What is the optimal workup for a child with bilateral sensorineural hearing loss?

Division of Pediatric Otolaryngology, Cincinnati Children's Hospital Medical Center, Cincinnati, Ohio. U.S.A.. .
The Laryngoscope (Impact Factor: 2.14). 04/2013; 123(4):809-10. DOI: 10.1002/lary.23425
Source: PubMed

Full-text preview

Available from:
  • [Show abstract] [Hide abstract]
    ABSTRACT: Purpose of review: Cytomegalovirus (CMV) is an important cause of congenital sensorineural hearing loss (SNHL) that may represent up to 20% of nonsyndromic cases. Congenital CMV is an unrecognized cause of SNHL that all otolaryngologists should be aware of as it represents the only treatable cause of congenital SNHL. Recent findings: The current review highlights the recent advances on congenital CMV, including methods of diagnosis and prevention of progression of hearing loss with valganciclovir treatment. A recent study has shown that 6 months of oral valganciclovir treatment of infants with congenital CMV disease improves audiologic and neurodevelopmental outcomes to at least 2 years of age. Early treatment could, thus, have an important impact on these children. Summary: Increased awareness of congenital CMV SNHL by an otolaryngologist should lead to increased testing, and thus diagnosis, of this condition in newborns diagnosed with congenital SNHL. Prompt treatment with valganciclovir in these patients may consequently lead to prevention of progressive SNHL. Further research toward a CMV vaccine is hoped to eventually lead to prevention of congenital CMV.
    No preview · Article · Sep 2014 · Current opinion in otolaryngology & head and neck surgery
  • [Show abstract] [Hide abstract]
    ABSTRACT: Objectives/HypothesisTo determine the feasibility and cost effectiveness of incorporating cytomegalovirus (CMV) testing to determine the etiology of pediatric hearing loss. Study DesignRetrospective study of children presenting with sensorineural hearing loss (SNHL) at one institution from 2008 to 2013. Methods Children aged 3 years or younger who presented to the senior author (A.P.) between May 2008 and September 2013 with confirmed SNHL were evaluated. These children underwent a sequential diagnostic paradigm that incorporated CMV testing if no obvious etiology could be determined from the history or physical examination. ResultsOne hundred eleven children with SNHL were evaluated between 2008 and 2013. Eighty-three children underwent CMV testing, imaging, and a genetic evaluation. Those with confirmed or probable CMV-induced SNHL made up 30% of all children tested (n=25), the largest group identified. CMV screening had the lowest cost compared to genetic testing or imaging for all types of hearing loss, except for those with auditory neuropathy spectrum disorder. Conclusion We present the first sequential diagnostic paradigm utilizing CMV testing for children presenting with SNHL. The relatively high incidence of CMV-induced SNHL, the low cost for this assay, and the indirect benefits from early diagnosis support the role of early CMV testing for these patients. Level of Evidence4. Laryngoscope, 124:2624-2629, 2014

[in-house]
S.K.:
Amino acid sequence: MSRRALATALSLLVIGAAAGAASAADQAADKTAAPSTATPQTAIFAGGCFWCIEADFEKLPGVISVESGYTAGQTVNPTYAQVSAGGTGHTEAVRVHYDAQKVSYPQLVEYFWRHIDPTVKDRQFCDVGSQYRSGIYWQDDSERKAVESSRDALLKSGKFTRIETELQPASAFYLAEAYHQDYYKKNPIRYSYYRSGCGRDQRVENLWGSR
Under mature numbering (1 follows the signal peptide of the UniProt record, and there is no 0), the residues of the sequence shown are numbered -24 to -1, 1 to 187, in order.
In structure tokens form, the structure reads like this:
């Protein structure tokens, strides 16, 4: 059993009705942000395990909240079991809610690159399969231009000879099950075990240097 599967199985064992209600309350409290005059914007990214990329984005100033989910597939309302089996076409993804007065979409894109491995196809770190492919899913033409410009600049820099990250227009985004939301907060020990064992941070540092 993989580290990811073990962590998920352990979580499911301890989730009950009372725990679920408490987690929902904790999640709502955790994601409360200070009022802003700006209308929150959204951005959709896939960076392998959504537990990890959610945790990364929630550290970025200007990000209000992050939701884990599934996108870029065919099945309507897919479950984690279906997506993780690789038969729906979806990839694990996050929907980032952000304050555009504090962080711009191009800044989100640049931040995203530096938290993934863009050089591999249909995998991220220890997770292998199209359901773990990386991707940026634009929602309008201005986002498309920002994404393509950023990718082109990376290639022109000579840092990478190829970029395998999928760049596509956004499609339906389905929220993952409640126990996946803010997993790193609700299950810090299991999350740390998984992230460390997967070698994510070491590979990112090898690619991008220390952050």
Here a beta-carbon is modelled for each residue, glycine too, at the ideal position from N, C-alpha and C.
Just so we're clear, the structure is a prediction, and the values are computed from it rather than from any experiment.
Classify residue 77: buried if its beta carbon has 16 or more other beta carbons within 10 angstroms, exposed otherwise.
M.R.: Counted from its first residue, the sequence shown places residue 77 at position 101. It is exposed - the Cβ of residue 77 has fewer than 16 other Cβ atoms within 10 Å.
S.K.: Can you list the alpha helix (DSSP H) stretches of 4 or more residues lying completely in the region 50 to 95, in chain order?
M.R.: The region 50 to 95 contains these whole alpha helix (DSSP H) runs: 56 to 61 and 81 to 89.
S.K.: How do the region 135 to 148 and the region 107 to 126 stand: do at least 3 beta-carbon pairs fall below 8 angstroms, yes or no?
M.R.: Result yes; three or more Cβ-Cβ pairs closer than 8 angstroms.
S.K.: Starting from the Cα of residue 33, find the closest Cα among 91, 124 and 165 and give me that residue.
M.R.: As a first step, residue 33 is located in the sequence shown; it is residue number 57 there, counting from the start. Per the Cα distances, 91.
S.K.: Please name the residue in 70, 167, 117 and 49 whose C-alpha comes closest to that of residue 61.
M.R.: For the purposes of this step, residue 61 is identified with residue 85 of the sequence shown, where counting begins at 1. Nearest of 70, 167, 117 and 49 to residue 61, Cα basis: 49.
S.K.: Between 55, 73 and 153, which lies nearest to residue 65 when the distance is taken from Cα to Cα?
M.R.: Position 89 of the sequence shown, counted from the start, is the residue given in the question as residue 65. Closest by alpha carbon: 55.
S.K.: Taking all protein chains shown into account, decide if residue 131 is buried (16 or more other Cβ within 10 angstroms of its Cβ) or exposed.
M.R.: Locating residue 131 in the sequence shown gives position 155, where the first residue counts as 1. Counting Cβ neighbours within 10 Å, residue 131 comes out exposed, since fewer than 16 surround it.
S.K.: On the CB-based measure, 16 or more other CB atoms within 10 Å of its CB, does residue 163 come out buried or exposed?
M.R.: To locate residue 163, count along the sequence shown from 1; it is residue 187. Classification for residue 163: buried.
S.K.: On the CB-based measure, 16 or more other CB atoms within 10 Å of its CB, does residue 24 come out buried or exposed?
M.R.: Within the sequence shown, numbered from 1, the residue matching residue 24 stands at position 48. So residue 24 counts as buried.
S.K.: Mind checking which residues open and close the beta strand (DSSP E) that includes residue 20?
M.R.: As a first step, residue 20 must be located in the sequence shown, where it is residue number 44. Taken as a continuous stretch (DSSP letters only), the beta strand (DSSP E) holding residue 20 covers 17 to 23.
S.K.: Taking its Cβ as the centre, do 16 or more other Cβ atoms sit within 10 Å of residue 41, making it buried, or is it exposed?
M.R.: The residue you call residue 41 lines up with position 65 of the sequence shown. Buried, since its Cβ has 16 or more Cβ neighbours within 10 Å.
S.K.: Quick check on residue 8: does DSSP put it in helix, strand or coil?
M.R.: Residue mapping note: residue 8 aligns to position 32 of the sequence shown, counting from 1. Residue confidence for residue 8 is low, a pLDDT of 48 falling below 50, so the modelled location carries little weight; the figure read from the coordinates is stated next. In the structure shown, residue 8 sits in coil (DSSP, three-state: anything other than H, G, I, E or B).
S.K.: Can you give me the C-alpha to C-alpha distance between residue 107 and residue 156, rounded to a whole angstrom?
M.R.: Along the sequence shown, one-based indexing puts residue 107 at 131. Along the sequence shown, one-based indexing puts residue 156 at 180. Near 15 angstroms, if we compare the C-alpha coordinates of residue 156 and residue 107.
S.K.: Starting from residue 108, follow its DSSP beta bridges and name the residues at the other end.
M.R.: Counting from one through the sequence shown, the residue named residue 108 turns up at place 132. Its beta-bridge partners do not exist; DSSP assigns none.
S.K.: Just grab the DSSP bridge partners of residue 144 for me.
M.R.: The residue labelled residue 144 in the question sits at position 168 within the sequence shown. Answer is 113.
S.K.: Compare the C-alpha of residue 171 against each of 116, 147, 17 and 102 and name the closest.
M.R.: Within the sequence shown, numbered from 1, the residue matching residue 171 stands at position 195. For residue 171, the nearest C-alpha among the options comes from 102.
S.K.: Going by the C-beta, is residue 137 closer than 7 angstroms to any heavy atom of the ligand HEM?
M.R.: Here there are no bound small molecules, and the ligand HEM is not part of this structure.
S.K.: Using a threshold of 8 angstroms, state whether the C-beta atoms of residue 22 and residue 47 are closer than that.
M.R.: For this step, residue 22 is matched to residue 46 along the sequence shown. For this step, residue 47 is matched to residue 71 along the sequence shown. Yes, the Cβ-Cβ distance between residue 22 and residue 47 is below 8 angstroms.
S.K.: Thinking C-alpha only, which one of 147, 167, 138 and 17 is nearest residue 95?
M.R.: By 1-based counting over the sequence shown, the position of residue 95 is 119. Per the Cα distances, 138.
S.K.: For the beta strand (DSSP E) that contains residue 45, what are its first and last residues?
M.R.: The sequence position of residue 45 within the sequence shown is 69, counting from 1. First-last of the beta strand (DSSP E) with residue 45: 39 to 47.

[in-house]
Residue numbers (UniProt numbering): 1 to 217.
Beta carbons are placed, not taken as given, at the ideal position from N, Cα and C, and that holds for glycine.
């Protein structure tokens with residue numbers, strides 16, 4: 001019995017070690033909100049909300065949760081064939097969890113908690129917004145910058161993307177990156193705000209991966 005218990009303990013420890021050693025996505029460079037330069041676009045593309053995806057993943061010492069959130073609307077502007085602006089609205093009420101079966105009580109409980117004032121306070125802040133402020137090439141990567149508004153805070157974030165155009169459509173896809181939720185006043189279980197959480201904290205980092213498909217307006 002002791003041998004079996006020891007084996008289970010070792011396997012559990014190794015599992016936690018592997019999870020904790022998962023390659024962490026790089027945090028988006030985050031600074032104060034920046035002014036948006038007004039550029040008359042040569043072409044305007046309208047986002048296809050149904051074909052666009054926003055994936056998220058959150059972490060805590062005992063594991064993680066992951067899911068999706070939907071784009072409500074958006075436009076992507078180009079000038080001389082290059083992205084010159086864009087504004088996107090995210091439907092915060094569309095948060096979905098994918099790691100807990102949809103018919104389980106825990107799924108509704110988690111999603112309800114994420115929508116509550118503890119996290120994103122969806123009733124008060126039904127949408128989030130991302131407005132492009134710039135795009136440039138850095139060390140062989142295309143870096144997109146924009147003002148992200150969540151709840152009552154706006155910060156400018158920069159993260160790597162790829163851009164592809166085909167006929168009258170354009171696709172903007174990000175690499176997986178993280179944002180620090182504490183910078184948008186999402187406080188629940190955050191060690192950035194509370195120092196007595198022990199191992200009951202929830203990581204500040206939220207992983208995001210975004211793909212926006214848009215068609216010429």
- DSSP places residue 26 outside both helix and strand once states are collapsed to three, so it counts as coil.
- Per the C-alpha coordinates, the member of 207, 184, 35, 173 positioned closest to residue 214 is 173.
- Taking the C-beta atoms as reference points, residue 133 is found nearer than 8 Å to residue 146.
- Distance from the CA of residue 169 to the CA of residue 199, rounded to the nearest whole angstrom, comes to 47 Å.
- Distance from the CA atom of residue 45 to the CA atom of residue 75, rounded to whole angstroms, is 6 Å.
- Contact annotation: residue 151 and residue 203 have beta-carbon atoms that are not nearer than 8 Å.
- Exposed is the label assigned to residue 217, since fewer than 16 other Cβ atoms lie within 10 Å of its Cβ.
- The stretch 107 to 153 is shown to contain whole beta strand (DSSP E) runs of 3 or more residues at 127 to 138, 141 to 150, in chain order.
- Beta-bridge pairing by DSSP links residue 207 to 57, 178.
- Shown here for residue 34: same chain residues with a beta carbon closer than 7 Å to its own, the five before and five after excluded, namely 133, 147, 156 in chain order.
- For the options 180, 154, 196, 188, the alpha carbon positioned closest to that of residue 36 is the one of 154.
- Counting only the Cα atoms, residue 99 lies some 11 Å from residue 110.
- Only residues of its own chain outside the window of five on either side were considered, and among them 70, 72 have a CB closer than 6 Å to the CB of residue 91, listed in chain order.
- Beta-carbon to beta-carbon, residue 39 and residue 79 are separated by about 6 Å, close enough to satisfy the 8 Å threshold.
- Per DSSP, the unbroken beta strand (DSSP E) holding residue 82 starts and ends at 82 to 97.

No preview · Article · Nov 2014 · The Laryngoscope
  • [Show abstract] [Hide abstract]
    ABSTRACT: Enlarged vestibular aqueduct is the most common radiographically identified cause of congenital sensorineural hearing loss and is frequently progressive. Imaging is often ordered during the workup of children with congenital sensorineural hearing loss in part to identify enlarged vestibular aqueduct given concern for progression with head trauma. However, this association has not been systematically evaluated. We aimed to determine the rate of progression and association with head trauma in individuals with enlarged vestibular aqueduct. Systematic review of primary studies identified through PubMed, Embase, Cochrane, and Web of Science. Meta-analysis was performed on patient-level data describing enlarged vestibular aqueduct, progressive sensorineural hearing loss, and head trauma extracted from articles identified on systematic review according to PRISMA guidelines. Twenty-three studies (1115 ears with enlarged vestibular aqueduct) met inclusion criteria. Progressive sensorineural hearing loss was found in 39.6% of ears, with trauma-associated progression in 12%. Limited case-control data show no difference in the incidence of progression between patients with and without head trauma. Long-term progressive sensorineural hearing loss is common in enlarged vestibular aqueduct, but its association with head trauma is not strongly supported. © American Academy of Otolaryngology—Head and Neck Surgery Foundation 2015.
    No preview · Article · Jul 2015 · Otolaryngology Head and Neck Surgery
Show more